Nobel Prize-winning University of Alberta professor Dr. Michael Houghton came to the nucleus of municipal democracy in Edmonton with this message: science is the answer to the tragic human cost of pandemics.
“The answer to all of these problems, these viral infectious diseases, lies with science,” Houghton told a physically distanced meeting of Edmonton City Council.
“Science doesn’t fail us. It has once again come to our rescue with COVID with the rapid evolution of very new technologies to develop vaccines.”
“Many fine minds” at U of A
Houghton, a virologist at the University of Alberta, spoke via the internet as Council formally recognized and celebrated his Nobel Prize. He and two fellow researchers won the Nobel Prize in Medicine for discovering the hepatitis C virus in 1989.
The breakthrough, made in Houghton’s laboratory, triggered blood tests used around the world to prevent transmission of hep C from blood donations. After two more decades of work between academics, the private sector and public health officials, antiviral medication to cure hep C patients was developed.
Nobel happened here, in Edmonton
“I’m particularly pleased I got it while I’m working at the University of Alberta,” said Houghton of the prize.
“There are many fine minds and I see, in the time I’ve been there, a willingness to translate their science into social benefits. I see that all the time.”
Houghton and his team at the University of Alberta’s Li Ka Shing Institute of Applied Virology have developed a vaccine for hep C that is now in pre-clinical testing. The team is also leading an effort to produce a vaccine for COVID-19.
It’s the first time in almost a century that an academic at a Canadian university has won the Nobel Prize. Houghton has been at the University of Alberta for a decade.
“The fact that this happened right here, in Edmonton, at the University of Alberta, should make all of us all tremendously proud,” said Mayor Don Iveson.
How to prevent future pandemics?
Houghton said pandemics occur at regular intervals.
Hep C is a pandemic. He also mentioned HIV, West Nile, pandemic influenza, SARS in 2003 and now COVID.
Houghton used the SARS example to draw a sombre lesson about the need to stockpile vaccines.
“If we had made a vaccine against the SARS strain in 2003, if we had made it at the high quality required for human use, and if we had stockpiled it, we could have prevented most of the deaths and most of the disease from COVID-19,” he said.
Vaccines for the 2003 SARS strain neutralize the infectivity of COVID-19, he said.
Besides stockpiling, Houghton said more money for research and for translating research into products is needed. As well, he praised the World Health Organization for working properly in Wuhan, China, to figure out public health measures to prevent future pandemics.
Houghton also shared a vision for biotechnology manufacturing in the city and province.
“Not only to deal with COVID and the variants that are emerging, but, it looks like, to me, we will need annual boosters for the next several years against COVID, but, also, obviously, to be prepared for the new pandemics which will occur,” he said.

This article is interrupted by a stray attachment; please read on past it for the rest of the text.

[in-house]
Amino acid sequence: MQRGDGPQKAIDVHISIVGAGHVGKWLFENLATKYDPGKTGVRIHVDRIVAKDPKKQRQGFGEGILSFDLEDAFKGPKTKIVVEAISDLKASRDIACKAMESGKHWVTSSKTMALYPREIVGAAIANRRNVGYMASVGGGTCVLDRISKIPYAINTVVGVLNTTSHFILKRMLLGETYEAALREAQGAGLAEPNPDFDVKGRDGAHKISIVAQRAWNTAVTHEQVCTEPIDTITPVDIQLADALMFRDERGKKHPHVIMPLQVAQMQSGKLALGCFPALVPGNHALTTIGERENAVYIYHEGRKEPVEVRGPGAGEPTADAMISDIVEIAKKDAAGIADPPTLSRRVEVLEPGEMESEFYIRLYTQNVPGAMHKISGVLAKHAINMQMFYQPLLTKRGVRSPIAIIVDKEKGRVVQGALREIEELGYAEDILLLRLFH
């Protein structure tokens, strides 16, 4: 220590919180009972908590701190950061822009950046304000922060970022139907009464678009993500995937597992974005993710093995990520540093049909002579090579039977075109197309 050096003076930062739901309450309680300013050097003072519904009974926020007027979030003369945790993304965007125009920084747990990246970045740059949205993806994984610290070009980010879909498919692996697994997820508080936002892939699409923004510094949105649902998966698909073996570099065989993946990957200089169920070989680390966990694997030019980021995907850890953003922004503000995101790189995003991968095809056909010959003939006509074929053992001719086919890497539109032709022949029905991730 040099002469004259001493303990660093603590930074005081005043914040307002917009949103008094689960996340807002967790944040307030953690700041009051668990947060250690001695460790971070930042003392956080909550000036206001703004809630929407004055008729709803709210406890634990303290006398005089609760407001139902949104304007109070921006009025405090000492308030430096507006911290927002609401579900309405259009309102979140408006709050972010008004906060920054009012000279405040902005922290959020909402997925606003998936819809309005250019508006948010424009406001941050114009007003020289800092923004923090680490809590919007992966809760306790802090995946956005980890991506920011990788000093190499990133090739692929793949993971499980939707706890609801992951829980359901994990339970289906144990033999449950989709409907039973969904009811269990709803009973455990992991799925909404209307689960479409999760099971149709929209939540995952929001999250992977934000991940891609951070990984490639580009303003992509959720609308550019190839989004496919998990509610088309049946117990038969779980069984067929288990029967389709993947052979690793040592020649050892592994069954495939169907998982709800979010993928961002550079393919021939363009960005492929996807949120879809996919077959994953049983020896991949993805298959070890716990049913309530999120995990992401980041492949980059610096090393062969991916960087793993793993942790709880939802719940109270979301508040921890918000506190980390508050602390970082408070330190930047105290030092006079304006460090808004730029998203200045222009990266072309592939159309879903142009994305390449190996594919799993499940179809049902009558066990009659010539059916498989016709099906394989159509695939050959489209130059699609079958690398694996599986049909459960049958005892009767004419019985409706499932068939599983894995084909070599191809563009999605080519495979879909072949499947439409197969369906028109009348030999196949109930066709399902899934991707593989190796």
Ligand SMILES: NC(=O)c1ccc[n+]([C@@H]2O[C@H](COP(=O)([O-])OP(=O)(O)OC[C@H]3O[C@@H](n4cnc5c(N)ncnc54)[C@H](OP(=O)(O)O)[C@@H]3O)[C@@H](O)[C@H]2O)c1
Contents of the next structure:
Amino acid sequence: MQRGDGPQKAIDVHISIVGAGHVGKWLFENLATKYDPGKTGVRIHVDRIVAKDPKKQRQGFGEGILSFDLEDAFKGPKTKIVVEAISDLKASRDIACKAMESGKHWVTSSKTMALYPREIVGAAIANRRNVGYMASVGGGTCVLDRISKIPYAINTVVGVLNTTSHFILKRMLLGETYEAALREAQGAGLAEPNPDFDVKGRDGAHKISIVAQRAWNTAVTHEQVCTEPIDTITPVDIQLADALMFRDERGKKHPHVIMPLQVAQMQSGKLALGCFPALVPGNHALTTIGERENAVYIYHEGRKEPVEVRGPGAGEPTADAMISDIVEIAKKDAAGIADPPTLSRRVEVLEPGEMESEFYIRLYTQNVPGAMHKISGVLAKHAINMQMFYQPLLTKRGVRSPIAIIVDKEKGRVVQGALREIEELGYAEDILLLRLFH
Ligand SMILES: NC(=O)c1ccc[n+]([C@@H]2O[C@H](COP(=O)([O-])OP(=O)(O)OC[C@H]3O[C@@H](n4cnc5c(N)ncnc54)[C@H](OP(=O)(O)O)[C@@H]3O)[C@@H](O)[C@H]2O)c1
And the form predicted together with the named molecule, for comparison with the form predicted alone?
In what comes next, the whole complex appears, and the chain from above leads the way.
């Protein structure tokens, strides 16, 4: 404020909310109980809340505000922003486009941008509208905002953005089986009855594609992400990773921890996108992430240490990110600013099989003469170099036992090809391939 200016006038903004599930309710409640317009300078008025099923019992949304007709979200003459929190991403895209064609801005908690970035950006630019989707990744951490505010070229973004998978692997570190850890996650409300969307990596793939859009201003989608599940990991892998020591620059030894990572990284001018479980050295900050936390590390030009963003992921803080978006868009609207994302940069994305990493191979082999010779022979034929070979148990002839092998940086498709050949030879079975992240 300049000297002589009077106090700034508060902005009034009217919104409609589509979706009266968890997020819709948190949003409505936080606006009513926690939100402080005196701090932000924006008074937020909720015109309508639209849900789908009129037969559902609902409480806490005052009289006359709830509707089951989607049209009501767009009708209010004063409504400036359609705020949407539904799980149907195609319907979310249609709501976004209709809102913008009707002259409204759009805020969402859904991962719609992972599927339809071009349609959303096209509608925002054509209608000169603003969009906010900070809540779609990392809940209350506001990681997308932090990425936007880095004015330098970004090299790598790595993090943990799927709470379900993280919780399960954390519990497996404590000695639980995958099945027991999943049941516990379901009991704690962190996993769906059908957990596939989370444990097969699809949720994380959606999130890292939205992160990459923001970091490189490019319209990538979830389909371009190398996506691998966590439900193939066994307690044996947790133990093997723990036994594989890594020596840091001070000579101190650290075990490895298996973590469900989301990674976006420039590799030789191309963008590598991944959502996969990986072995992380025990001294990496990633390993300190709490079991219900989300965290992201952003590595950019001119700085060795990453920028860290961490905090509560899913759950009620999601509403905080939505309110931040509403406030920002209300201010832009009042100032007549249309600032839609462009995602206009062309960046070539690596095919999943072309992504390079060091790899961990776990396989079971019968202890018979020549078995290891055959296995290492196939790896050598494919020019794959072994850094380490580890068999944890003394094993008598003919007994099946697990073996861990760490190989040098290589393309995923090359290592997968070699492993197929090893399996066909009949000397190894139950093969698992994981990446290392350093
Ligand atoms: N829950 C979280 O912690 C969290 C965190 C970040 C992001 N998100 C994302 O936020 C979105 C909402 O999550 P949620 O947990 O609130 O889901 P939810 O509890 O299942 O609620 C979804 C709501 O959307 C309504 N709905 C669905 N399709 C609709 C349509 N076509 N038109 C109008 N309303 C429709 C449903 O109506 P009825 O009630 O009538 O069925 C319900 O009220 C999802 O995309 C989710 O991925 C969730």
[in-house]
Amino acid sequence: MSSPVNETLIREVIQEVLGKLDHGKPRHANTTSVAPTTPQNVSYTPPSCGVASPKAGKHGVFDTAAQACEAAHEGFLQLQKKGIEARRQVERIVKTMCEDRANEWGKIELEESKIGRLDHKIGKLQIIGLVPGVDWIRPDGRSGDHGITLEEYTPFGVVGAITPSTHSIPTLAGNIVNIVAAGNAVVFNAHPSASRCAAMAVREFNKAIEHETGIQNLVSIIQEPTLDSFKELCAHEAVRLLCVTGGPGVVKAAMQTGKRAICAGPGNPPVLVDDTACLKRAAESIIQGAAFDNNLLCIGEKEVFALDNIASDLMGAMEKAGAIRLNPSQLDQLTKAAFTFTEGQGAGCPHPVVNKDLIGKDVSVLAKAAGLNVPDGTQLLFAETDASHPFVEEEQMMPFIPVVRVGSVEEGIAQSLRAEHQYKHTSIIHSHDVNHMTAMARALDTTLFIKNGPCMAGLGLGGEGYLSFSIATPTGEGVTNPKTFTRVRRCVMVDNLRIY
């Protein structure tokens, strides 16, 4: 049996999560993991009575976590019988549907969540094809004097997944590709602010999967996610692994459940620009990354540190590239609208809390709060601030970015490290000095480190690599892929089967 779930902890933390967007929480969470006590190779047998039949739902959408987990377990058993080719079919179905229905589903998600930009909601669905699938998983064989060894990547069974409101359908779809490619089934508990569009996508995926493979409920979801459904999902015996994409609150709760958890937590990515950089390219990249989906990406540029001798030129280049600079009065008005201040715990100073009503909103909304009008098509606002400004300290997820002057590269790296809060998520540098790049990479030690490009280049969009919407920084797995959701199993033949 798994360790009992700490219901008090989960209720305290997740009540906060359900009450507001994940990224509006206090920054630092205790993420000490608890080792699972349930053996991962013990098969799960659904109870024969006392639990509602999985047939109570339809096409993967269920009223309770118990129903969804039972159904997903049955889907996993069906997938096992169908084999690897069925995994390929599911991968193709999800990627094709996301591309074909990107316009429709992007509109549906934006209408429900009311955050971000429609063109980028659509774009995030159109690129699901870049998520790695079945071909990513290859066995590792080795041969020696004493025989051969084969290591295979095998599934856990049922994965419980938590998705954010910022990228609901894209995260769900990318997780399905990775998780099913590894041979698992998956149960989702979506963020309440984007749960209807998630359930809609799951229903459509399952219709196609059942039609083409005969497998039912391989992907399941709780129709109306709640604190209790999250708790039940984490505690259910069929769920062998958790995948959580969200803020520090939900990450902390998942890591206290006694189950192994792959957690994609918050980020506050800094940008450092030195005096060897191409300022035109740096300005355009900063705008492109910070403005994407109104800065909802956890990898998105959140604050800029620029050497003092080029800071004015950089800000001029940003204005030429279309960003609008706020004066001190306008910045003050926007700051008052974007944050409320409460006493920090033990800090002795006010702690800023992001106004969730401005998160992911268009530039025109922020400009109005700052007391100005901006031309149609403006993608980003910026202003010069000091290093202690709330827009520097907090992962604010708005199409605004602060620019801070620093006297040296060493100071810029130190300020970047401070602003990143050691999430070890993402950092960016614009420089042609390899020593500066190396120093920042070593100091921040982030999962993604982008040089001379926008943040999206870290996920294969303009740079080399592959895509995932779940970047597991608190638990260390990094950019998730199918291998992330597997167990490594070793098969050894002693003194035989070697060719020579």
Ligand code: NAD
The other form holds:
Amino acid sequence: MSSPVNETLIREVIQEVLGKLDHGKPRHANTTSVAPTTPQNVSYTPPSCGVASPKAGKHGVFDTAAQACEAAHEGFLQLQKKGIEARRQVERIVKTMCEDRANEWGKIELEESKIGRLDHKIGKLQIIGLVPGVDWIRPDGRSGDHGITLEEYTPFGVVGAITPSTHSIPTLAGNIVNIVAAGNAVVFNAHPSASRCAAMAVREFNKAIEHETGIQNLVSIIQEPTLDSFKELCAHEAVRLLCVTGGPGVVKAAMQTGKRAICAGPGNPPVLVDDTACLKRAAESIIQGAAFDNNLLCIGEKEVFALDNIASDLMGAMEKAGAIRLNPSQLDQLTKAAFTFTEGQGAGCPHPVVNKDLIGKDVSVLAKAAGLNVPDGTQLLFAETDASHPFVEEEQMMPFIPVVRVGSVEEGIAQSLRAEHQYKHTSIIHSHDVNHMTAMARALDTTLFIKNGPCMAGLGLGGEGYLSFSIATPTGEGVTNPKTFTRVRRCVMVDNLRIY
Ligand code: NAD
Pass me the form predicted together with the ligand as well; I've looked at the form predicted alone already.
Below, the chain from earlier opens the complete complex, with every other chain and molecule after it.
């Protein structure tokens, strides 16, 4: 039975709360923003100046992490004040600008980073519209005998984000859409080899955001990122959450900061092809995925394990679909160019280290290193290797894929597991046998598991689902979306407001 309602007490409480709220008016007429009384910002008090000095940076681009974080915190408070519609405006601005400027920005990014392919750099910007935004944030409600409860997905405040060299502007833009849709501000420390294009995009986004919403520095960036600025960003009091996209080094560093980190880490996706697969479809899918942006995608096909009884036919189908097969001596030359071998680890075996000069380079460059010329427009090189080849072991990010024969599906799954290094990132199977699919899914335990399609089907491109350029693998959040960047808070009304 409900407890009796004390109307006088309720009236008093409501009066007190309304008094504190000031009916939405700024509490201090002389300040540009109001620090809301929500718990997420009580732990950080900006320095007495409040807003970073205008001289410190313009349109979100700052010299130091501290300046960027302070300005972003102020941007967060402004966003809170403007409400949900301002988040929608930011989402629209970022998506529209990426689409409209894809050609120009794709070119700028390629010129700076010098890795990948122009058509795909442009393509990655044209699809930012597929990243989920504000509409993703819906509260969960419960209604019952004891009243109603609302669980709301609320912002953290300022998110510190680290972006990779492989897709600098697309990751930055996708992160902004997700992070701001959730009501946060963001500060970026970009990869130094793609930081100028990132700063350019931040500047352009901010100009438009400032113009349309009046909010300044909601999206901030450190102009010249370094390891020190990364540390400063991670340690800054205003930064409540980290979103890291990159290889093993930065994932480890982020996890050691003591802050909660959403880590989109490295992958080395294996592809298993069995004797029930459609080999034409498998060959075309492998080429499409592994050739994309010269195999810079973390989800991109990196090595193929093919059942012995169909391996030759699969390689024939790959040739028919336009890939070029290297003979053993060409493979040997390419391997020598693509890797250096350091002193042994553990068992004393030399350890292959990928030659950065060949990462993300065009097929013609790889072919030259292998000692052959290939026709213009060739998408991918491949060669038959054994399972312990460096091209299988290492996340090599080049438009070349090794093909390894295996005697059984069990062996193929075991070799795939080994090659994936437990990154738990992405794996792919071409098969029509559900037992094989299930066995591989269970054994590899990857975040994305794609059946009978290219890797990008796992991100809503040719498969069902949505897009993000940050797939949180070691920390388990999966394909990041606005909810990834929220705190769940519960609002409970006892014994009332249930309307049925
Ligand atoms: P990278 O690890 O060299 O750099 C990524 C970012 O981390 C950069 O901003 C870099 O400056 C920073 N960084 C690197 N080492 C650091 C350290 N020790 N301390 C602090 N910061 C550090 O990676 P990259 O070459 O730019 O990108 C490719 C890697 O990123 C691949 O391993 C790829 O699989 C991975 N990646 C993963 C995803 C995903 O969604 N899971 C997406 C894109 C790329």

“I think working together with you all, we’re trying to make Alberta a world class centre for biotechnology.”
Houghton said he saw first-hand how the United Kingdom and the Bay Area of California developed biotechnology expertise.
“The University of Alberta, with its intellect and its experience, can really generate a vibrant biotech industry,” he said. “I know that’s what you’re trying to do, Mayor, with Health City and we certainly are looking forward to working with you to achieve success.”
“I quite enjoy Canadian winters”
Houghton, who is based in California, thanked the City for lighting the High Level Bridge in University of Alberta colours last year when the Nobel Prize was announced.
“I was very grateful for that, especially as I have walked over that bridge many times in mid-winter, and, having the lights switched on was a kind of revenge for the minus 40°C weather I have endured on that wonderful bridge.”
“In truth, I quite enjoy the Canadian winters,” Houghton added. “They are unique, and I have enjoyed the experience.”
On the video link were a host of special guests, including high-profile friends and colleagues Dr. Lorne Tyrrell, Leeann Tyrrell, Dr. Sandra Vanzanten, Dr. Khaled Barakat, Imam Barakat, Bill Flanagan, President of the University of Alberta, Elan MacDonald, Vice President of External Relations, Alexis Kziaskiewicz, Associate Vice President of Government and Community Relations, Dr. Brenda Hemmelgarn, Dean, Faculty of Medicine and Dentistry and Catherine Swindlehurst, Chief of Staff to the President.
There was also a class of Grade 4 students from Greenfield Elementary School, who are studying at City Hall School. They shared their thoughts on Houghton’s Nobel Prize with Transforming Edmonton.
Mr. Craig Roberge, teacher: “I am so proud to take part in recognizing such dedicated and committed work.”
Matthew: “He never gave up and now there could be a vaccine.”
Cheyenne: “It’s very cool that the team solved a big problem. This is encouraging me to want to be a scientist.”
Emery-Theo: “You have to keep trying and trying and failing until you get it.”
Sakura: “It’s very exciting that there has been a solution.”
Chloe: “Knowing that he has saved thousands of people’s lives makes me happy. He deserves to be recognized today by my city.”
Editor’s note: the pic at the top of the post is courtesy of the University of Alberta. We have more to read about Houghton and the importance he places on persistence, and there’s more from the University of Alberta in accounts of Houghton’s Nobel Prize victory.